Shortly after the public hearing, the U.S. Department of 
Agriculture (USDA) released a report prepared by the Harvard Center for 
Risk Analysis (http://www.aphis.usda.gov/oa/bse/) on the findings of a 
major 3-year initiative to develop a risk assessment model that allows 
evaluation of the impact of various risks and potential pathways for 
exposure of U.S. cattle and U.S. citizens to the BSE agent. The 
assessment of the present situation in the United States using this 
model concluded that, due to control measures already in place, the 
risk to U.S. cattle and to U.S. consumers from BSE is very low. The 
model also demonstrated that certain new control measures could reduce 
the small risk even further.
    USDA's BSE surveillance program supports the findings of the 
Harvard study that measures implemented by the U.S. Government, such as 
early import restrictions and the feed ban, have been effective in 
preventing the entrance and establishment of BSE in the U.S. cattle 
population. The USDA surveillance program, which has been in place 
since May 1990 and which targets the highest risk cattle population, 
has found no cases of BSE to date. Although BSE has not been detected 
in the United States, the U.S. Government's response to BSE has always 
been proactive and preventive. Therefore, USDA and FDA are interested 
in exploring measures that could further reduce the already small risk 
that BSE will enter and become established in the United States. To 
that end, FDA is once again asking for information from the affected 
industries and the public on several ways that the animal feed 
regulation could be strengthened.

II. Agency Request for Information

    We are soliciting information and comments from those with interest 
and expertise in any of the following five aspects of the BSE feed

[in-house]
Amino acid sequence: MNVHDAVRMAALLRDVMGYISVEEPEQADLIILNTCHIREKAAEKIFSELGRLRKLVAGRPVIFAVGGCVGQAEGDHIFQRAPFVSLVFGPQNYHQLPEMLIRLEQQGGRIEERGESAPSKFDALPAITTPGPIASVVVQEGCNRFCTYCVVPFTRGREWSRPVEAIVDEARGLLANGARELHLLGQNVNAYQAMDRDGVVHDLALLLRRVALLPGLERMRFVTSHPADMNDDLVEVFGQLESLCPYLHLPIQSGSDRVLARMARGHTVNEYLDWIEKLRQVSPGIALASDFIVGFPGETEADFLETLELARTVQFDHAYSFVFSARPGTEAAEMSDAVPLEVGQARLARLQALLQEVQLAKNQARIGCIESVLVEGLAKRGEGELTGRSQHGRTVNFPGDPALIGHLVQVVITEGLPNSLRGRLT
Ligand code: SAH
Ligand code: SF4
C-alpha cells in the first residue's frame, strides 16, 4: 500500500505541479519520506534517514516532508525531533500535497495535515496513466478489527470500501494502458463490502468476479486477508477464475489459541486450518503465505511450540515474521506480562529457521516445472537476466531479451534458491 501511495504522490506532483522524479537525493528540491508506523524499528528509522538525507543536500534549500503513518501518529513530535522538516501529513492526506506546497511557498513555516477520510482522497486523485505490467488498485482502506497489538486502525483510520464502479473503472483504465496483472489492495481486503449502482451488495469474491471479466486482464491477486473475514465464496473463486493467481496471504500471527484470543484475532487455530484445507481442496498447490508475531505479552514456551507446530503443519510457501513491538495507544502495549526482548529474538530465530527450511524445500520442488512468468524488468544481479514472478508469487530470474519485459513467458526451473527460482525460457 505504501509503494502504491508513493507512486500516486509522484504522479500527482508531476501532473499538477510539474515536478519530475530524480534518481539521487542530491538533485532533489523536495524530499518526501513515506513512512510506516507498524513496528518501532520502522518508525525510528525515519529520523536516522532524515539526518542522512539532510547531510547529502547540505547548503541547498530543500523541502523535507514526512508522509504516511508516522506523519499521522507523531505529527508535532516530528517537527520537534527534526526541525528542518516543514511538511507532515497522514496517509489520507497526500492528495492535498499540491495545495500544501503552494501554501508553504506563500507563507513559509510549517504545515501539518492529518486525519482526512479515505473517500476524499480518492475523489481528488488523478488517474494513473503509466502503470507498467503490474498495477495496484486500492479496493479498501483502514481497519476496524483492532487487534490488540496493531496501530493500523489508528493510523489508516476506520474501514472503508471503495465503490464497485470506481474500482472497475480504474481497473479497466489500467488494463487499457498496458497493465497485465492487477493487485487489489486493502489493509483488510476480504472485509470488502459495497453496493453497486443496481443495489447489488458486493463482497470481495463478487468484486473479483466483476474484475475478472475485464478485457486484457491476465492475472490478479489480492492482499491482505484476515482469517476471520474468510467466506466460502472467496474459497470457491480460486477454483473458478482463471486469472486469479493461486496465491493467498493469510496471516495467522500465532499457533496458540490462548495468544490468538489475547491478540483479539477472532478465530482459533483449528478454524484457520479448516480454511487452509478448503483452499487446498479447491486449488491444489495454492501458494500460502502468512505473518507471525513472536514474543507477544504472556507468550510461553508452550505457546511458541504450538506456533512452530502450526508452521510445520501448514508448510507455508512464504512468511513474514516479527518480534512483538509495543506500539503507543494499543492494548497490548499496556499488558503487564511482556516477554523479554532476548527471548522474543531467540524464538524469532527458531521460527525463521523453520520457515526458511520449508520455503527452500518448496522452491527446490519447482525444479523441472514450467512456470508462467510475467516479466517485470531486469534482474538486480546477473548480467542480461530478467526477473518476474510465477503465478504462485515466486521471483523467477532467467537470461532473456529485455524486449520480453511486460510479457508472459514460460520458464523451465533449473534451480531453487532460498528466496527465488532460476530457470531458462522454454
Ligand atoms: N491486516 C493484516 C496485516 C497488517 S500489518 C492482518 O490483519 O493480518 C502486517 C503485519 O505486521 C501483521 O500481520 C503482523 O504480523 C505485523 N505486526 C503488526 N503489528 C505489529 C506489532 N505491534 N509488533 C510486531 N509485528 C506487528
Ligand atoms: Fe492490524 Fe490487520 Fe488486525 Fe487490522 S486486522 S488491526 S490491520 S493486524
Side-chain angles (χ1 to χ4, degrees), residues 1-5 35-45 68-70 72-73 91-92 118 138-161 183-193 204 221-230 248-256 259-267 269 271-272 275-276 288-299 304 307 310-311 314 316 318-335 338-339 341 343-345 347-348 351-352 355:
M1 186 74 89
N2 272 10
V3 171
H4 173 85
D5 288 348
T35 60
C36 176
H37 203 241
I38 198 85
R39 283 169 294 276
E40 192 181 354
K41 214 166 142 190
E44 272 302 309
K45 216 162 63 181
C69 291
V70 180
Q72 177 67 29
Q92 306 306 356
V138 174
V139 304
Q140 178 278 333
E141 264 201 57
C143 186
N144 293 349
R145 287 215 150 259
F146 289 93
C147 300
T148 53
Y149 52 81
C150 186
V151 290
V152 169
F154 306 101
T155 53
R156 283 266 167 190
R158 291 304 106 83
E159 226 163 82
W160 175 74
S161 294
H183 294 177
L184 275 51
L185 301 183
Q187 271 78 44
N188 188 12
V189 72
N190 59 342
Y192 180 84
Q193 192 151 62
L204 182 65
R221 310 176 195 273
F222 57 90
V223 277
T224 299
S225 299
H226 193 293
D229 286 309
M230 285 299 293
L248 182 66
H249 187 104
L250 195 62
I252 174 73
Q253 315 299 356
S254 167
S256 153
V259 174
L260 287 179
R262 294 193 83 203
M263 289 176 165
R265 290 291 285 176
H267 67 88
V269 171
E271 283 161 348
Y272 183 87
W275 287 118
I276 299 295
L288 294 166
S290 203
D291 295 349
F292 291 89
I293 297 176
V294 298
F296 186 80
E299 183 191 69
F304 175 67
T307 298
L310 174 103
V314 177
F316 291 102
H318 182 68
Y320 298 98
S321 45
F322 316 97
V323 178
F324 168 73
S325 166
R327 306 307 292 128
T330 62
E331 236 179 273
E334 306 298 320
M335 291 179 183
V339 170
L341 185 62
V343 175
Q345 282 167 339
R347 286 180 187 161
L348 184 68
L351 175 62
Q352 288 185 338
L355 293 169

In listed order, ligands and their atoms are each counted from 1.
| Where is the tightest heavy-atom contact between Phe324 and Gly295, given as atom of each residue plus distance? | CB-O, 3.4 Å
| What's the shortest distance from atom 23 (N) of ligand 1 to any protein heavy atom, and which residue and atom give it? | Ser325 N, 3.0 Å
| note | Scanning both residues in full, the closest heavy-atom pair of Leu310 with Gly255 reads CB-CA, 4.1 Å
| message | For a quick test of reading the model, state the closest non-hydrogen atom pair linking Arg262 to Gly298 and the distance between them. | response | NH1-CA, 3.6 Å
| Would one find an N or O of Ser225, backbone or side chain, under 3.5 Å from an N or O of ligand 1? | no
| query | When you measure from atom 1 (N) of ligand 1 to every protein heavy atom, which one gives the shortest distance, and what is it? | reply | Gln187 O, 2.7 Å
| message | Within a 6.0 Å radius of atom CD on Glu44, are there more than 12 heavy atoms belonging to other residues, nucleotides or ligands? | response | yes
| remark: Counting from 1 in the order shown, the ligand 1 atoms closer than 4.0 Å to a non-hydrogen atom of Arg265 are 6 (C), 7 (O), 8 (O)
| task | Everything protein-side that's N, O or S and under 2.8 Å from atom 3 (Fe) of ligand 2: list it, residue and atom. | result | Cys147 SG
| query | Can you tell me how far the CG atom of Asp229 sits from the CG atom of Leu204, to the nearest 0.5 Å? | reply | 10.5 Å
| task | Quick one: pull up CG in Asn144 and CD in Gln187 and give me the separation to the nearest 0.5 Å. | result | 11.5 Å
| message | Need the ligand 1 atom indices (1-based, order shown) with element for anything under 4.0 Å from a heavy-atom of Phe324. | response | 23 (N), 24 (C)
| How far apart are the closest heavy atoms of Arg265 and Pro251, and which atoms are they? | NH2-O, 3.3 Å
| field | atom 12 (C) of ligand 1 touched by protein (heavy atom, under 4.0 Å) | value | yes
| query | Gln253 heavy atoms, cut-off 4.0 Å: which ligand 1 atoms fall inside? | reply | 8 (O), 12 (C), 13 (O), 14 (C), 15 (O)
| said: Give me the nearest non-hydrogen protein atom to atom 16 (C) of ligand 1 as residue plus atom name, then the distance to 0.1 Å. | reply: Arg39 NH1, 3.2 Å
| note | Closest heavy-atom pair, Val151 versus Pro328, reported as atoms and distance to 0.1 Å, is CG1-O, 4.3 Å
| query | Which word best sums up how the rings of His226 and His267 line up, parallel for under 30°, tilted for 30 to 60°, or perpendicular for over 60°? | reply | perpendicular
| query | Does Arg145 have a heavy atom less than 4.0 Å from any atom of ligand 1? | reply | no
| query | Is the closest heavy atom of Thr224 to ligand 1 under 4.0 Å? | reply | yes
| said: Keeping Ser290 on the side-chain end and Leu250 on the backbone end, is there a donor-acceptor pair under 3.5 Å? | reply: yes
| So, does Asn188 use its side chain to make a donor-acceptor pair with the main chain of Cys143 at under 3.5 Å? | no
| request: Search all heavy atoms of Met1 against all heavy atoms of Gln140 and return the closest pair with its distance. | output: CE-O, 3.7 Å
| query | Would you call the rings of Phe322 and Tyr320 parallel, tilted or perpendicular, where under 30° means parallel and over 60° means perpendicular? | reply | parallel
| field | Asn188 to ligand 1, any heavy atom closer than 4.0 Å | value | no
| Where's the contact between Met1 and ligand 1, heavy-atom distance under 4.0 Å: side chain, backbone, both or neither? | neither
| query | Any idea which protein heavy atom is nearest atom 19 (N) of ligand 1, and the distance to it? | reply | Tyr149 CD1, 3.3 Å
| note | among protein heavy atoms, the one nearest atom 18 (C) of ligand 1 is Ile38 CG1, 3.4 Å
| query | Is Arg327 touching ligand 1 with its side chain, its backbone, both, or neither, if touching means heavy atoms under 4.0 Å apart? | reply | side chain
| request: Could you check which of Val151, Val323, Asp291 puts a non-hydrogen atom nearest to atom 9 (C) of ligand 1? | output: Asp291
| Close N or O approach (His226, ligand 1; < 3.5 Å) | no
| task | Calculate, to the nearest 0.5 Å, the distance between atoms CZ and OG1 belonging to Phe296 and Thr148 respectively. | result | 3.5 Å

1. Excluding Brain and Spinal Cord From Rendered Animal Products

    The Harvard risk assessment identified removal of high risk 
tissues, such as brain, spinal cord, gut, and eyes, from human food and 
rendered material for animal feed, as a way to dramatically reduce the 
potential exposure of cattle and humans to the BSE agent. In response 
to the Harvard study, USDA's Food Safety Inspection Service is 
considering rulemaking to ban high risk tissues obtained from certain 
populations of cattle (also called specified risk materials or SRMs) 
from use in human food. Should USDA publish such a proposal, FDA may 
also propose that SRMs be prohibited from going into rendered material. 
Therefore, FDA is asking for comments on the following questions:
    [sbull] Should high risk materials, such as brain and spinal cord 
from ruminants 2 years of age and older, be excluded from all rendered 
    [sbull] How feasible would it be for the rendering industry to 
implement such an exclusion?
    [sbull] What will be the adverse and positive impacts (economic, 
environmental, health, etc.) resulting from a brain and spinal cord 

2. Use of Poultry Litter In Cattle Feed

    In some parts of the country where cattle are raised in proximity 
to large poultry production areas, poultry litter, composed of excreta,